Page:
Preload vs. Reload

Discussion in 'UPS Discussions' started by gostillerz, Jul 18, 2008.

  1. gostillerz

    gostillerz Member

    Hey guys, just wanted to show the differences between preload and reload at my center...


    22 people
    5 supes
    Morning meeting starts with "it's 3:45"
    2 unloaders, myself included 5 trailers (trailer temp 80+/-)
    Supes saying "you're 5.5 minutes behind, reload supes are jagoffs"
    Belt stops every 5 minutes, making me late
    Doughnuts , bagels, coffee, and OJ every Friday


    4 people
    2 supes
    P.M. meeting starts with "Just put on some Flowmasters, check it out"
    1 loader (me), 1.5 trailers (trailer temp 100+/-)
    Supes saying "stop the belt, catch a smoke, preload supes are jagoffs"
    Belt never stops (unless smoke break is needed), done in 2 hours
    4 large pizzas, for 6 people twice a week
    Told supe I may be a little late. He replies "call if it's more than an hour"

    I was just asked by the center manager which shift would I rather have permanent. Hmmmmm......
  2. Mike Hawk

    Mike Hawk New Member

    2 supes for 4 people? lol Our reload has 1 supe for 8.

    Go reload, reload is gravy, 2 hours of semi hard work to get trailers loaded, then 2 hours of messing around washing/parking cars. Unless you want hours, then go preload.
  3. CFLBrown

    CFLBrown New Member

    How many drivers in these buildings? 10?
  4. gostillerz

    gostillerz Member

    After 2 hours of loading, I'm done. that's all I do. My goal is to be a driver. I wish I knew about this 10 years ago. I have a CDL, but no Hazmat/doubles. They were talking about training me for that, but I was told that it was hard to go from Feeders to Pkg cars, hich is what I really want to do. Hours mean nothing, I have another job for that. I don't wash or do anything else there. After my trailers are loaded, I yap with the guys, then split. In a nutshell, when I'm on reload, I'm proud that I did a good job. On preload, I'm part of a math equation that better equal PPH or else.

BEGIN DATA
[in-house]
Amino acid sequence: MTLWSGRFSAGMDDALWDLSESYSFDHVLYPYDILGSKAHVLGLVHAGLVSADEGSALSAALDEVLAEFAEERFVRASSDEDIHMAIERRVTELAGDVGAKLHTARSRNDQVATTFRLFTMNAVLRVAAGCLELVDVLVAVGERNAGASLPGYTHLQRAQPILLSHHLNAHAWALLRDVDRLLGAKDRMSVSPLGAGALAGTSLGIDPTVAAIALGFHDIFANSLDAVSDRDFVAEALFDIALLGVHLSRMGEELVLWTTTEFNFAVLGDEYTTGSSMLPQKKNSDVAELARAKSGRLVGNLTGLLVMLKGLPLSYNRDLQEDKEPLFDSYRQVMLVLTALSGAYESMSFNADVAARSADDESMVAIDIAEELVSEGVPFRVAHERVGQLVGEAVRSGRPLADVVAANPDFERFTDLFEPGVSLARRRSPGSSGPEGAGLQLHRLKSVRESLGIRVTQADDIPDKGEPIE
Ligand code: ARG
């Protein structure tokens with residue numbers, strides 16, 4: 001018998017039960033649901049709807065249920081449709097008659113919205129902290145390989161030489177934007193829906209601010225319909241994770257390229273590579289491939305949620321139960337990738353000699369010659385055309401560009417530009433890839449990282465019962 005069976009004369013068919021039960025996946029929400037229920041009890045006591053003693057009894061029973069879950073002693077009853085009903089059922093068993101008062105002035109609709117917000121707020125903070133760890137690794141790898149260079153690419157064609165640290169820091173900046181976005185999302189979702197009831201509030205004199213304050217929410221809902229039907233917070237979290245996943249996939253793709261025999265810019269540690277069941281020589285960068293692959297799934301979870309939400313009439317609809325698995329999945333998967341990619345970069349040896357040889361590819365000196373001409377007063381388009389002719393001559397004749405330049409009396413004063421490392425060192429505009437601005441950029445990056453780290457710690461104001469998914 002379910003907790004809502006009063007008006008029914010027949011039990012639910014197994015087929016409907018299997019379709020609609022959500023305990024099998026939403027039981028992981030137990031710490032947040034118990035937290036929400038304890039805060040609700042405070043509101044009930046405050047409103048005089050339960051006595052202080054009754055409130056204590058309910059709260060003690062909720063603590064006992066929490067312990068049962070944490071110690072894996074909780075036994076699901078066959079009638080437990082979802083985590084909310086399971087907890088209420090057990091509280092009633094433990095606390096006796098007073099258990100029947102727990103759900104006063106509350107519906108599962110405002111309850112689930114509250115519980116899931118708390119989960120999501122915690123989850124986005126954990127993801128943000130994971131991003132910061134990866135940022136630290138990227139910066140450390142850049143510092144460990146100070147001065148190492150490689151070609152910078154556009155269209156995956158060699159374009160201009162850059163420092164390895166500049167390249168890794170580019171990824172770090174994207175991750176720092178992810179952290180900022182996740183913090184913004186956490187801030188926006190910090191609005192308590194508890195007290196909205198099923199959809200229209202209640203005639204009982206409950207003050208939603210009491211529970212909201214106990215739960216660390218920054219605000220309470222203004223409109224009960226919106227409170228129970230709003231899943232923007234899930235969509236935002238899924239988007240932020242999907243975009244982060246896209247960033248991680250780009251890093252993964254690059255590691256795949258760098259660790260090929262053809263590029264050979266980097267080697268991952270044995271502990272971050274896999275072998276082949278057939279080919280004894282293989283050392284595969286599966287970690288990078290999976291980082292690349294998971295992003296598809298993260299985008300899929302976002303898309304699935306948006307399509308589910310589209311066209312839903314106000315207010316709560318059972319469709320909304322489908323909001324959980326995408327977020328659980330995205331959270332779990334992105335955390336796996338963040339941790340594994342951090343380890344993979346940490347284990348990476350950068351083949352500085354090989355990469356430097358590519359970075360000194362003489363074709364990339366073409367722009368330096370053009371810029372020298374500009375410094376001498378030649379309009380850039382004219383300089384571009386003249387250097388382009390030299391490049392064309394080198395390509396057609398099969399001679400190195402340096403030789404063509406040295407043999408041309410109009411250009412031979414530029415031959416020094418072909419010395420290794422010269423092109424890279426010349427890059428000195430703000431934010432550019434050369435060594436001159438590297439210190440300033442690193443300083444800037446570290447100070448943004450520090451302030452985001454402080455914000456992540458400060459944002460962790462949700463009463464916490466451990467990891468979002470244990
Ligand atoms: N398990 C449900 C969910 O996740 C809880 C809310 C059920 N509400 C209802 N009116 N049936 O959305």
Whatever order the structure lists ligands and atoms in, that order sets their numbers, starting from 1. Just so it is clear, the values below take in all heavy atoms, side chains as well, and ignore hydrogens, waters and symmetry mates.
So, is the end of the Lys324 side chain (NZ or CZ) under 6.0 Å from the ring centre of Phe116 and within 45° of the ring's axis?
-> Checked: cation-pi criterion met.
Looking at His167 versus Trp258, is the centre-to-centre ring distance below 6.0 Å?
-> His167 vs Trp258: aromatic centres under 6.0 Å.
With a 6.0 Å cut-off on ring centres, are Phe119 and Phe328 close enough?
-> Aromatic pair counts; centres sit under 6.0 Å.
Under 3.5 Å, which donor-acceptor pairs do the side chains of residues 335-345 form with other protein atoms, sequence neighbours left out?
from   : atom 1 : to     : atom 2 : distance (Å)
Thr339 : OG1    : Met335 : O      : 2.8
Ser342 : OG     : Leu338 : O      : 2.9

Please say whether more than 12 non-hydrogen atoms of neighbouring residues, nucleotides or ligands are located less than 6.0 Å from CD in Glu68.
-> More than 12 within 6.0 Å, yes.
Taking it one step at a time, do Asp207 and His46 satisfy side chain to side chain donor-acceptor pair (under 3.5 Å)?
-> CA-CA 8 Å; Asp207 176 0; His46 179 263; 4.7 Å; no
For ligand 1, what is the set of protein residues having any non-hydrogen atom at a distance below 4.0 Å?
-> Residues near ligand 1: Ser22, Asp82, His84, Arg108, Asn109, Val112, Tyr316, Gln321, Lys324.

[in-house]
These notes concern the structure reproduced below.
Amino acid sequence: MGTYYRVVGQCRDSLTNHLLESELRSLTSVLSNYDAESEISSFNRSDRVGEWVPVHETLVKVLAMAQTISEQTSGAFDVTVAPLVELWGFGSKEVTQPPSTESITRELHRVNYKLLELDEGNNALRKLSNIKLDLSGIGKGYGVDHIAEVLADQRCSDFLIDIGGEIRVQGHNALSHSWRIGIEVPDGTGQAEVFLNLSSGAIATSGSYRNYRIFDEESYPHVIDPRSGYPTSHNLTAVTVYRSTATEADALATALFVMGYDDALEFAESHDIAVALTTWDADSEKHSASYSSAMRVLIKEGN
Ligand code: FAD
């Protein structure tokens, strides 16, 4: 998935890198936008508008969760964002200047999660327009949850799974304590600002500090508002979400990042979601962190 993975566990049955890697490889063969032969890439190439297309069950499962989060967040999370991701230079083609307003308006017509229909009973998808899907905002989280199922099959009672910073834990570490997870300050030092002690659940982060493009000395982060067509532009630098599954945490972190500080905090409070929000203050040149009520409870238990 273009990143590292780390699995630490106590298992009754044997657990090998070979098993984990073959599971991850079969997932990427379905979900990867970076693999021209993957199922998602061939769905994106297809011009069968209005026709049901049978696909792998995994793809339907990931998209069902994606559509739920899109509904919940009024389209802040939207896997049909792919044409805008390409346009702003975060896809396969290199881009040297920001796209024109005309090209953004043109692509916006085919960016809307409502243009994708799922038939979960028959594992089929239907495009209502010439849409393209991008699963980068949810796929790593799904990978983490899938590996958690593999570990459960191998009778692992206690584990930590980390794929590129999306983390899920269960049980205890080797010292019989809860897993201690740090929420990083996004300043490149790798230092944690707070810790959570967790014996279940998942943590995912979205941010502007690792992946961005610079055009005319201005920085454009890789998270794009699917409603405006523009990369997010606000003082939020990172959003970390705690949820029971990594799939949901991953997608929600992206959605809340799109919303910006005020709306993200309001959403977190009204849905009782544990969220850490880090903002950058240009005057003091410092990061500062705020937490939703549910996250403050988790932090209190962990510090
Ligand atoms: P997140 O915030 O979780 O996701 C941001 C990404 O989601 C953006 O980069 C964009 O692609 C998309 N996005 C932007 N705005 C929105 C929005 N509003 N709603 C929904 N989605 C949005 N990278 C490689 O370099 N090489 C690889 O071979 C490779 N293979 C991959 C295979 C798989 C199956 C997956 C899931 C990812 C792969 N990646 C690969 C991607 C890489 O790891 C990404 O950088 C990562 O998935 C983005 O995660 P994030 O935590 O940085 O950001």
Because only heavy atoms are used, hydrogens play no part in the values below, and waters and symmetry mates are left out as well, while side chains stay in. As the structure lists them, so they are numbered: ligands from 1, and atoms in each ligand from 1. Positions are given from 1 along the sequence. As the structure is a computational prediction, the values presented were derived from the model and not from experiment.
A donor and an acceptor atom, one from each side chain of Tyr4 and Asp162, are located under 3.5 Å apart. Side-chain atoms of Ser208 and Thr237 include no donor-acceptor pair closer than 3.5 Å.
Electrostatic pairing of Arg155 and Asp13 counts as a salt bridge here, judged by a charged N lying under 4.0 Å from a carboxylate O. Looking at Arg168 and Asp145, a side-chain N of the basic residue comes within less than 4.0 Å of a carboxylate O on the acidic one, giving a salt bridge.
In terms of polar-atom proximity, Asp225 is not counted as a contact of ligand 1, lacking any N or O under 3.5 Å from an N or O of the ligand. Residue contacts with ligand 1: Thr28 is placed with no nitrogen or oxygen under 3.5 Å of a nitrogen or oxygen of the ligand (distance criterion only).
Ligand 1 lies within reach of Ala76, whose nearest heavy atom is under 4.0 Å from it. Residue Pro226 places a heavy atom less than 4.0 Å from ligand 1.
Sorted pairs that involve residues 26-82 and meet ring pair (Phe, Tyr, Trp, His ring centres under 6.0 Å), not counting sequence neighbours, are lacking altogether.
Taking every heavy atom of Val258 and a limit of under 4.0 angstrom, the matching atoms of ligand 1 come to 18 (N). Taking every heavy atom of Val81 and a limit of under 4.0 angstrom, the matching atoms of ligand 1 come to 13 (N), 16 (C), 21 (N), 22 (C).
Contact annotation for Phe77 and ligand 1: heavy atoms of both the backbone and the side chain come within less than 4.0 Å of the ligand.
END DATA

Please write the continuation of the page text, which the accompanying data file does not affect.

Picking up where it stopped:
5. gostillerz

    gostillerz Member

    32, but 5 are retiring this year or next. Climbing the ladder man, climbing that damn ladder!
  6. Mike Hawk

    Mike Hawk New Member

    My building has 40ish drivers for 30ish bid routes, your building must have very few pickups to run the reload with 3 people, plus one who leaves after 2 hours.

    If you are just waiting it out to go driving take the reload, much more relaxed environment.
  7. gostillerz

    gostillerz Member

    All of us are done in around 2-2.5 hours. Nobody leaves until everything's done. We get some pickups, but it's usually steel and 2 pallets of paper, so I just throw them under the floor panels. We usually get the same stuff everyday, so I'm trying to get it all to fit in one trailer....close so far, but no success (damn bags)...
  8. Overpaid Union Thug

    Overpaid Union Thug Eva Mendez Has A Nice (_!_)

    Sounds like my building. I worked reload for years and would occasionally work on preload. They are two completely different animals. The best thing I got out of reload was being able to drive the trucks every night. We were always pulling them out and backing them in so that we could unload them and wash them (rare now). Then we had to park them to end the shift. I always felt like the money earned on reload was worth it but didn't think $8.50/hr on preload was worth it. Not because of the work but the hours combined with the work made it more difficult. To me it just doesn't seem right to have to wake up at 3 am.